In the aftermath of the Sandy Hook massacre, I’ve had a number of conversations with my more liberal friends (all with kids the same age as mine) about guns, gun policy, and — interestingly — parenting. In short, I intentionally raise my son to not only understand how guns work but also to be quite proficient in their use. (I’m going to confine this post to talking about boys since they do show much more interest in guns and also commit the overwhelming majority of gun crimes). This decision mystifies many of my friends, and after many discussions I realize that our differences tend to be cultural at a very deep level — with the differences going to our very conceptions of manhood and what it means to raise a boy to be a man.
At core, I believe that a man has a number of non-delegable duties, among them becoming both a provider and a protector. By provider I don’t necessarily mean exclusive provider for a household, but a man should strive to provide for a family to the extent that the choice of a spouse to work is based not so much on necessity as it is personal calling, fulfillment, and lifestyle choices. Nor is the term “provider” limited to the household. A man should strive to be generous — a net contributor of his resources (including time) to his family and his community.
The key to this discussion, however, is the goal of “protector.” Of course no sane person can think they can fully protect themselves, their families, or anyone else from the dangers of this fallen world, but the question is whether a man assumes primary responsibility for the (lawful) protection of his family or he delegates that responsibility to others. That does not mean that every man must arm himself (or, given the context), join the police, or join the military — but it does mean that a man should give thoughtful consideration to those measures and reject them only after weighing them in light of his responsibilities.
Against this philosophical backdrop, a decision to teach a son how to use guns is logical if not inevitable. But the benefits of teaching your son how to use a gun go well beyond this framework: Properly done, effective teaching in firearms can achieve those rarest of moments in young, rambunctious pre-teens: You can teach them responsibility and appropriate levels of confidence while also engaging that level of energy and aggression the dwells deep within the vast majority of boys.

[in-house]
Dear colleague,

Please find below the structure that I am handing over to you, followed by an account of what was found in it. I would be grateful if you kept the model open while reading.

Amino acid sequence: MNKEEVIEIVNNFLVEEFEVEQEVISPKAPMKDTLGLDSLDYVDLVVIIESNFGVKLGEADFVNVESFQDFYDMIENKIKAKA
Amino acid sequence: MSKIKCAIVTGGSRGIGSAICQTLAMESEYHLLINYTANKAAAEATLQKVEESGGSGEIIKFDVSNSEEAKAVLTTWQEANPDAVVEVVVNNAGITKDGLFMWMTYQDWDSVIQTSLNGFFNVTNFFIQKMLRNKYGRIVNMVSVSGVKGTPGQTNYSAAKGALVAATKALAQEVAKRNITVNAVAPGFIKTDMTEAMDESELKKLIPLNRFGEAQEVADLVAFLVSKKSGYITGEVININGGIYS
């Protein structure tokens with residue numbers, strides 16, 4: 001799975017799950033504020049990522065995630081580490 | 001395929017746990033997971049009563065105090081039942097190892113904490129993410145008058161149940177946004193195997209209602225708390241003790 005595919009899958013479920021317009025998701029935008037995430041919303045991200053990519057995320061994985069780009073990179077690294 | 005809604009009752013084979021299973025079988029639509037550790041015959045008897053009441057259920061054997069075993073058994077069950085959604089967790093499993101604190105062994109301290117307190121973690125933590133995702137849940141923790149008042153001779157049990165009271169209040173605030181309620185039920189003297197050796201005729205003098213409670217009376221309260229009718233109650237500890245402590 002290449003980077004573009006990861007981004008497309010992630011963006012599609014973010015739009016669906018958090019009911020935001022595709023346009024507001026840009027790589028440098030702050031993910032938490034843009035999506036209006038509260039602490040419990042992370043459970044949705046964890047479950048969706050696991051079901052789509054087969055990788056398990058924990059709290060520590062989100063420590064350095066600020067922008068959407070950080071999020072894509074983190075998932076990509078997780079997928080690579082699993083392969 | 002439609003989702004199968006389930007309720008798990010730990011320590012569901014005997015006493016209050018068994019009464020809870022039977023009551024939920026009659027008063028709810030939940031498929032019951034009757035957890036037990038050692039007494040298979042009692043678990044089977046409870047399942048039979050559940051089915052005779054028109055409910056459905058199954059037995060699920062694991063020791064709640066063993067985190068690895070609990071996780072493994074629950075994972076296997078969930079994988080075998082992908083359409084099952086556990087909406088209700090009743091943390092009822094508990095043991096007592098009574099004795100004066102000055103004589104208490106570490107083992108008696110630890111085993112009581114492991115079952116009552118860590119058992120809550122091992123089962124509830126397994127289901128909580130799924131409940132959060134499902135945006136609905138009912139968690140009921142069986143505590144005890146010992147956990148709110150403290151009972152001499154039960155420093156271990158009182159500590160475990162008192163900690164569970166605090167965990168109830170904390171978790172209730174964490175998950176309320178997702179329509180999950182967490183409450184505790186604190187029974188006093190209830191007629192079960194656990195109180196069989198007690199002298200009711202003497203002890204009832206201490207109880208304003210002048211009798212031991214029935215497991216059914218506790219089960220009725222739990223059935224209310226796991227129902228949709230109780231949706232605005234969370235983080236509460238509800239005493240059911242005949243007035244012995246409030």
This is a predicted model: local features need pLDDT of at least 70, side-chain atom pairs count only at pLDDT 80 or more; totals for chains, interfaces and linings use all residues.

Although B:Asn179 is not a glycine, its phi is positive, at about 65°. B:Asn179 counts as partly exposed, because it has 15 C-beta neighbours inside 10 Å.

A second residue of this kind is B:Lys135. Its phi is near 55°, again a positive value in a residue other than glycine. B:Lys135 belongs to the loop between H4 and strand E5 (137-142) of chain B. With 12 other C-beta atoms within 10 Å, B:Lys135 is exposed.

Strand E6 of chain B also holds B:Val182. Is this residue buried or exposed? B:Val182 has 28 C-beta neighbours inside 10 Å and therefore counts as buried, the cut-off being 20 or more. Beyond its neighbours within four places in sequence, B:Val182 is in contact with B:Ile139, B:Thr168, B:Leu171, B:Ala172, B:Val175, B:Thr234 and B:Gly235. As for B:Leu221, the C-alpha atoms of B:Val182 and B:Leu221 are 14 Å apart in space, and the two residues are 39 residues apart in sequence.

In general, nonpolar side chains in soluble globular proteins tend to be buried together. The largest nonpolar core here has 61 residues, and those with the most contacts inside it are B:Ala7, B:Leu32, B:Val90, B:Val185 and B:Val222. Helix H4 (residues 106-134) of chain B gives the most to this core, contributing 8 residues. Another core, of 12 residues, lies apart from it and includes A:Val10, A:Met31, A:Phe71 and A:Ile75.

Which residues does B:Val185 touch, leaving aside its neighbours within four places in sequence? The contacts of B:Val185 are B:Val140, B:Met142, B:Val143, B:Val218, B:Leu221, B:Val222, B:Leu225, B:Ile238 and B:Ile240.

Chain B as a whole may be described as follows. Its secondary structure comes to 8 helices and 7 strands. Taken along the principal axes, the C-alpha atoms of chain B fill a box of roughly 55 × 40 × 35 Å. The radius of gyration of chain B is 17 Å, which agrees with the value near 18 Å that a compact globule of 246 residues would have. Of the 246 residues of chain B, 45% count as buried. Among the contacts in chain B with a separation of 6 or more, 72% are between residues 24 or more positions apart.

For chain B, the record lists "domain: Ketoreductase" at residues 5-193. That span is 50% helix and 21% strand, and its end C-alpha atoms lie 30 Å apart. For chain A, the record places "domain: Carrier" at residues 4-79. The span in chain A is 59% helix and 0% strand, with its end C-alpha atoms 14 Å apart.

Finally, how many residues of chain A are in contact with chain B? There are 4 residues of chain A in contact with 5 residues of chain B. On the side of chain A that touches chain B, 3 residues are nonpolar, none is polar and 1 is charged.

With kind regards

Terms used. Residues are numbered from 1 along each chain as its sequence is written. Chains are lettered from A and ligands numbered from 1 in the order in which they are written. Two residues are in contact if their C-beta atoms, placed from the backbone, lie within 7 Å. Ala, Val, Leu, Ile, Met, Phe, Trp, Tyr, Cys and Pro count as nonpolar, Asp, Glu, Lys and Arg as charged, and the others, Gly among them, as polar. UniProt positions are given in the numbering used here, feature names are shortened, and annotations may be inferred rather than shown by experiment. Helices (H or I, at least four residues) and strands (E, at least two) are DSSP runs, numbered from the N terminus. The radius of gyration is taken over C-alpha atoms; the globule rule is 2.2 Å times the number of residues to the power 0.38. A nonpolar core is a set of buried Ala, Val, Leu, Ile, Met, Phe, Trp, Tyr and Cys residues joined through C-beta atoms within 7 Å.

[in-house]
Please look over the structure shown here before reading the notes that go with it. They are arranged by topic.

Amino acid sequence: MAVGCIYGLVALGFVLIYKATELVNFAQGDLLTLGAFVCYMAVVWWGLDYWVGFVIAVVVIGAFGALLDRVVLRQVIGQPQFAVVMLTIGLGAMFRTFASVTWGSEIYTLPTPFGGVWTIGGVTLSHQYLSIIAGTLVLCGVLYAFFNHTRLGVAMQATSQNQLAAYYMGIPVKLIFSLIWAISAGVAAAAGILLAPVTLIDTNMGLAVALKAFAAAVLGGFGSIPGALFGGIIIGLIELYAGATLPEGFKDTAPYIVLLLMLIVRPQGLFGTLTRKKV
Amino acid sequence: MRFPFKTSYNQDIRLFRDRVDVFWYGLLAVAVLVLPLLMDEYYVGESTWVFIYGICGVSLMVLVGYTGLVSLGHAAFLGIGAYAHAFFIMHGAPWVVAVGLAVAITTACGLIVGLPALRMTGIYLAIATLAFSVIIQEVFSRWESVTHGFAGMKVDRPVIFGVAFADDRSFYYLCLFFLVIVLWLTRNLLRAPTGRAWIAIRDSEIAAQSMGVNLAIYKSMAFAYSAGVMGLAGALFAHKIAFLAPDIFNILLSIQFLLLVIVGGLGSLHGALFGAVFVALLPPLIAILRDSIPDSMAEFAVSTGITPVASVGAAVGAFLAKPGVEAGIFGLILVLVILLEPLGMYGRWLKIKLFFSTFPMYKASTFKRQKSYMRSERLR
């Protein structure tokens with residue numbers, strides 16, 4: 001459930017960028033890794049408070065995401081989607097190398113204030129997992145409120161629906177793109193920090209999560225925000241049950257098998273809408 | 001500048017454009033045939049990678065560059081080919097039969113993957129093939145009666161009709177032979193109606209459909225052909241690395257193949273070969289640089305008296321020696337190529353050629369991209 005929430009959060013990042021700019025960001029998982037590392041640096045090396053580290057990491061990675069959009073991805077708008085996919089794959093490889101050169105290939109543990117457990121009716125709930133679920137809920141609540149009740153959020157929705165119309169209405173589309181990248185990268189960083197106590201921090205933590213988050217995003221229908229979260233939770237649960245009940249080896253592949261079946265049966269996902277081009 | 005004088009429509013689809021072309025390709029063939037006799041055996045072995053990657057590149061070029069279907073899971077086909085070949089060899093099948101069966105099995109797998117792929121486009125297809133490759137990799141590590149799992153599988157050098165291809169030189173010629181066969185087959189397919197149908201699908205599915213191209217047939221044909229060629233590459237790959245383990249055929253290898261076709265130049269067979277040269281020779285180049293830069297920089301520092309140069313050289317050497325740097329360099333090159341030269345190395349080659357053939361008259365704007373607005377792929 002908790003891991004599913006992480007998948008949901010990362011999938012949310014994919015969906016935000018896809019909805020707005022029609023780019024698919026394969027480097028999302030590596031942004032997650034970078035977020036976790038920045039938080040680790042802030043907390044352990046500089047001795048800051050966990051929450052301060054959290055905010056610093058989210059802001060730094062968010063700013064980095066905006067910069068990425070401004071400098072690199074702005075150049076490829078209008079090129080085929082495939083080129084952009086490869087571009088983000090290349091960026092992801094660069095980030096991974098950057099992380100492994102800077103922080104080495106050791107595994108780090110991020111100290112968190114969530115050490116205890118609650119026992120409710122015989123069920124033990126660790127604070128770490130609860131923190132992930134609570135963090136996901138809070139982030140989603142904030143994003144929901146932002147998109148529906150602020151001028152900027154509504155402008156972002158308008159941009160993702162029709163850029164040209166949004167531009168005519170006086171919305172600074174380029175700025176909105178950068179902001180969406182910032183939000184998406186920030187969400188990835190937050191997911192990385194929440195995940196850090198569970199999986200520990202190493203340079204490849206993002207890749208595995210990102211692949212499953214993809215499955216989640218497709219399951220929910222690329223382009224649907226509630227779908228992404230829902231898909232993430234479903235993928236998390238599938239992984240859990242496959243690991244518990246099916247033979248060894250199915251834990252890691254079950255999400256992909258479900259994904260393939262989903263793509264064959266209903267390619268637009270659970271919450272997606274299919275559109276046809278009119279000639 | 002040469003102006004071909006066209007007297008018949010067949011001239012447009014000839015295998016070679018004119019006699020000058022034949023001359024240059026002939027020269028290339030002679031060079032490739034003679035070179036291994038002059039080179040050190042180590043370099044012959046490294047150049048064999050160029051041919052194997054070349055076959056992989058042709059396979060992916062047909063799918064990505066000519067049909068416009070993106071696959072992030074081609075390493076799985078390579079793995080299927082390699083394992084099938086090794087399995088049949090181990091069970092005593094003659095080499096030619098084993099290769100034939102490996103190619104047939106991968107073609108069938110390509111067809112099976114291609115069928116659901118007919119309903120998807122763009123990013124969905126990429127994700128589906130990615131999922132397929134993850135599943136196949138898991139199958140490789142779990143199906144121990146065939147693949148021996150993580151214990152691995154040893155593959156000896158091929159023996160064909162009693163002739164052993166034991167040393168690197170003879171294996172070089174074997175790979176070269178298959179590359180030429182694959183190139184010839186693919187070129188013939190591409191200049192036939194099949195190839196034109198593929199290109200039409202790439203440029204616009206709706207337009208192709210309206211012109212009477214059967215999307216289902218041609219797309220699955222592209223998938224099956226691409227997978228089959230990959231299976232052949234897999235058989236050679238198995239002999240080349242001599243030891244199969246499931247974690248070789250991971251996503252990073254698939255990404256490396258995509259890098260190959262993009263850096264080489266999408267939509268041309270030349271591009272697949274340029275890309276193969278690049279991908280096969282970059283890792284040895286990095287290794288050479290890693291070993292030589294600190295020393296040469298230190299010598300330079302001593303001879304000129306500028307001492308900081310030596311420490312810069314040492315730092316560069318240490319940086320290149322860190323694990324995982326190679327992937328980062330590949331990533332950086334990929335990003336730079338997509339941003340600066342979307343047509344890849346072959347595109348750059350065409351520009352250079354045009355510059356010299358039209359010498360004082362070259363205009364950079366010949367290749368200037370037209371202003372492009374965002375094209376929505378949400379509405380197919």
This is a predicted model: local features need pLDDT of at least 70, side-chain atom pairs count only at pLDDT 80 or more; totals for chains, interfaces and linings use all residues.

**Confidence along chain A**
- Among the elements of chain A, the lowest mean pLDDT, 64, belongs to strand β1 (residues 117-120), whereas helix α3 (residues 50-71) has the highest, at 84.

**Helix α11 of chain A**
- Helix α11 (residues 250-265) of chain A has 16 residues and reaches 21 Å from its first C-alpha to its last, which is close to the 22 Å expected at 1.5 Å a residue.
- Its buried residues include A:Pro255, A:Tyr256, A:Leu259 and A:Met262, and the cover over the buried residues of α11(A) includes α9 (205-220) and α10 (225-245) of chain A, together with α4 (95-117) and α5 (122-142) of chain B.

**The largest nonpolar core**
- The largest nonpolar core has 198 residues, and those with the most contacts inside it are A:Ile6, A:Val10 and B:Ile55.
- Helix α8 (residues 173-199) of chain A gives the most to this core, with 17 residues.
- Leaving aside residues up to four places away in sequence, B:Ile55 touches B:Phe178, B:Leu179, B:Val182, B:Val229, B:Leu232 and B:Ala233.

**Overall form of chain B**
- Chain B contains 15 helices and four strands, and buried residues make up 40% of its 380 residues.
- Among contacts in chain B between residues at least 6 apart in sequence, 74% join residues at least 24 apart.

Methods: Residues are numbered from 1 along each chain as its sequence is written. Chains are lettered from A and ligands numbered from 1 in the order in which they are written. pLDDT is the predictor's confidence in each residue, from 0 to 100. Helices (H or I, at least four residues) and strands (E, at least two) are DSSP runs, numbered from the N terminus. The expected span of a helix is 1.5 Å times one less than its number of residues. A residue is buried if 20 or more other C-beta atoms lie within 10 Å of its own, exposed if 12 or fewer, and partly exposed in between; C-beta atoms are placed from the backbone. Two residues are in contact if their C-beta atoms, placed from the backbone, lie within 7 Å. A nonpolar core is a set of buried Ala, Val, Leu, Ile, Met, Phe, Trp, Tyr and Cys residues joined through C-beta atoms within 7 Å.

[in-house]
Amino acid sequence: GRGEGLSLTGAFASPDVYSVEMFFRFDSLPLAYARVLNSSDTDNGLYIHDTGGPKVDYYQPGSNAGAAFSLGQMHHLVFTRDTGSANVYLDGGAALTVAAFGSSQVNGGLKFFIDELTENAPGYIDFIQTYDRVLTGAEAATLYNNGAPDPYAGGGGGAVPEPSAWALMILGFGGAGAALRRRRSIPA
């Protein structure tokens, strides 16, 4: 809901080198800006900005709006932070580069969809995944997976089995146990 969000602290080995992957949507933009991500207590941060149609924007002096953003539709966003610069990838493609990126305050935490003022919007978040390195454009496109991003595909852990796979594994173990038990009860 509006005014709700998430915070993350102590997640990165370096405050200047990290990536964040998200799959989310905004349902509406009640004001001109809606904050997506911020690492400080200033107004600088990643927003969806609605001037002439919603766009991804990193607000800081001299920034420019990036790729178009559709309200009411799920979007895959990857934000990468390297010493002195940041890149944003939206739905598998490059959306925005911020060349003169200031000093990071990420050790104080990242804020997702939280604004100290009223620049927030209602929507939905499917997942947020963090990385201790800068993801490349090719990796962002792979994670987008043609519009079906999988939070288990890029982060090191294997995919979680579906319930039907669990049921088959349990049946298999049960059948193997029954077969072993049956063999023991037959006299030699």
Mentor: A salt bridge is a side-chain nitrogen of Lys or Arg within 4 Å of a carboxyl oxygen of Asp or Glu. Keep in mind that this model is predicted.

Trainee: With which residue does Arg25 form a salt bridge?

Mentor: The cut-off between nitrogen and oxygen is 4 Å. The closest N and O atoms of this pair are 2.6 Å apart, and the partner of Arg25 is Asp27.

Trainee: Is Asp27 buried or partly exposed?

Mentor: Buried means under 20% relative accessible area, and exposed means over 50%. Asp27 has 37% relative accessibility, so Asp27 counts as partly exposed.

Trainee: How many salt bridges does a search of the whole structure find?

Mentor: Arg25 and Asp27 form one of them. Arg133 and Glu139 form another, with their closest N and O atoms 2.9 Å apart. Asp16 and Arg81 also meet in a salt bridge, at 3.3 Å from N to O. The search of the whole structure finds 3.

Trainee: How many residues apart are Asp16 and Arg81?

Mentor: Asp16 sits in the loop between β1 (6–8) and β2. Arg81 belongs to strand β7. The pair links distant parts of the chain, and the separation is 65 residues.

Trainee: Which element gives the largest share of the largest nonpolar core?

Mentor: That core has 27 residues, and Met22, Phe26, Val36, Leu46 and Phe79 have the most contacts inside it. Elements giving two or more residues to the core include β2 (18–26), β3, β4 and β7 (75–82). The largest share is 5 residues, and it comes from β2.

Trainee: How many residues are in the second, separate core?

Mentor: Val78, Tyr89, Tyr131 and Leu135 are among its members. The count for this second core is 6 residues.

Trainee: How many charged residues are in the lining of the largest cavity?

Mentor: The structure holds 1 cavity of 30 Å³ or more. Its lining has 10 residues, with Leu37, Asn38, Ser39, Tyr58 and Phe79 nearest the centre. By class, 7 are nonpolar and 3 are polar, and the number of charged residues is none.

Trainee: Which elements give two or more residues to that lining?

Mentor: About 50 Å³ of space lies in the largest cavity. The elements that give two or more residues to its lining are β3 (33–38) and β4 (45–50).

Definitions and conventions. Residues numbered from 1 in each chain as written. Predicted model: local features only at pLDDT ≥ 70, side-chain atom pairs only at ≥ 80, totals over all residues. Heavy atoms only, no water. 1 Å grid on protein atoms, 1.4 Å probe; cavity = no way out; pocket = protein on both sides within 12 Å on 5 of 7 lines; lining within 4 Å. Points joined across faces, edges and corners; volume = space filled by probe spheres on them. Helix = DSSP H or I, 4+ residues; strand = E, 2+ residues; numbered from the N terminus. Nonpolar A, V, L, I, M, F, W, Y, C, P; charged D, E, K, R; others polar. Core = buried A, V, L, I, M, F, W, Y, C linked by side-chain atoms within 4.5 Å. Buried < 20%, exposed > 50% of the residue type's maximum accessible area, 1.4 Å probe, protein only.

My twelve-year-old son is a beginner in competitive trap shooting. He takes care of his shotgun, treats it with proper respect, and has a great time on the range — but not in the stereotypical “Yeeehaw!” way that the cultural elite imagines when it thinks of a southern family and guns. He’s intensely competitive, takes great pride in his scores, and enjoys a good shoot in the same way that anyone else enjoys a great round of golf or a good day on the basketball court (his second-favorite sport).
Oh, and there’s one other very good effect: I know that if my son is ever around guns, he knows exactly what to do. In other words, he’s not dangerously curious about a forbidden item but responsibly serious about a source of potential concern.
I write this post keenly aware of how it makes me sound — like some sort of maniacal drill sergeant who hammers the fun out of life while raising some sort of traditionalist militia. Nothing could be further from the truth — raising kids to be responsible enables a joyful childhood, it does not stifle it. Further, I wrote this in the deep humility of knowing that we do not and cannot control our children’s destinies. We are not God, and any good that is in our kids comes from God alone.
I don’t have my son’s life planned out (what an act of arrogant futility that would be), but I do want him — whatever he ends up doing as a career — to be the kind of man who will provide for a family, help a friend in need, and come to the aid even of strangers in distress — and do so responsibly and even thankfully.
If he turns out to be such a man — and I hope and believe he will be — then I think our early teaching about guns will have played an important role.
This article first appeared on National Review, where it generated some pretty interesting comments. Share your thoughts below.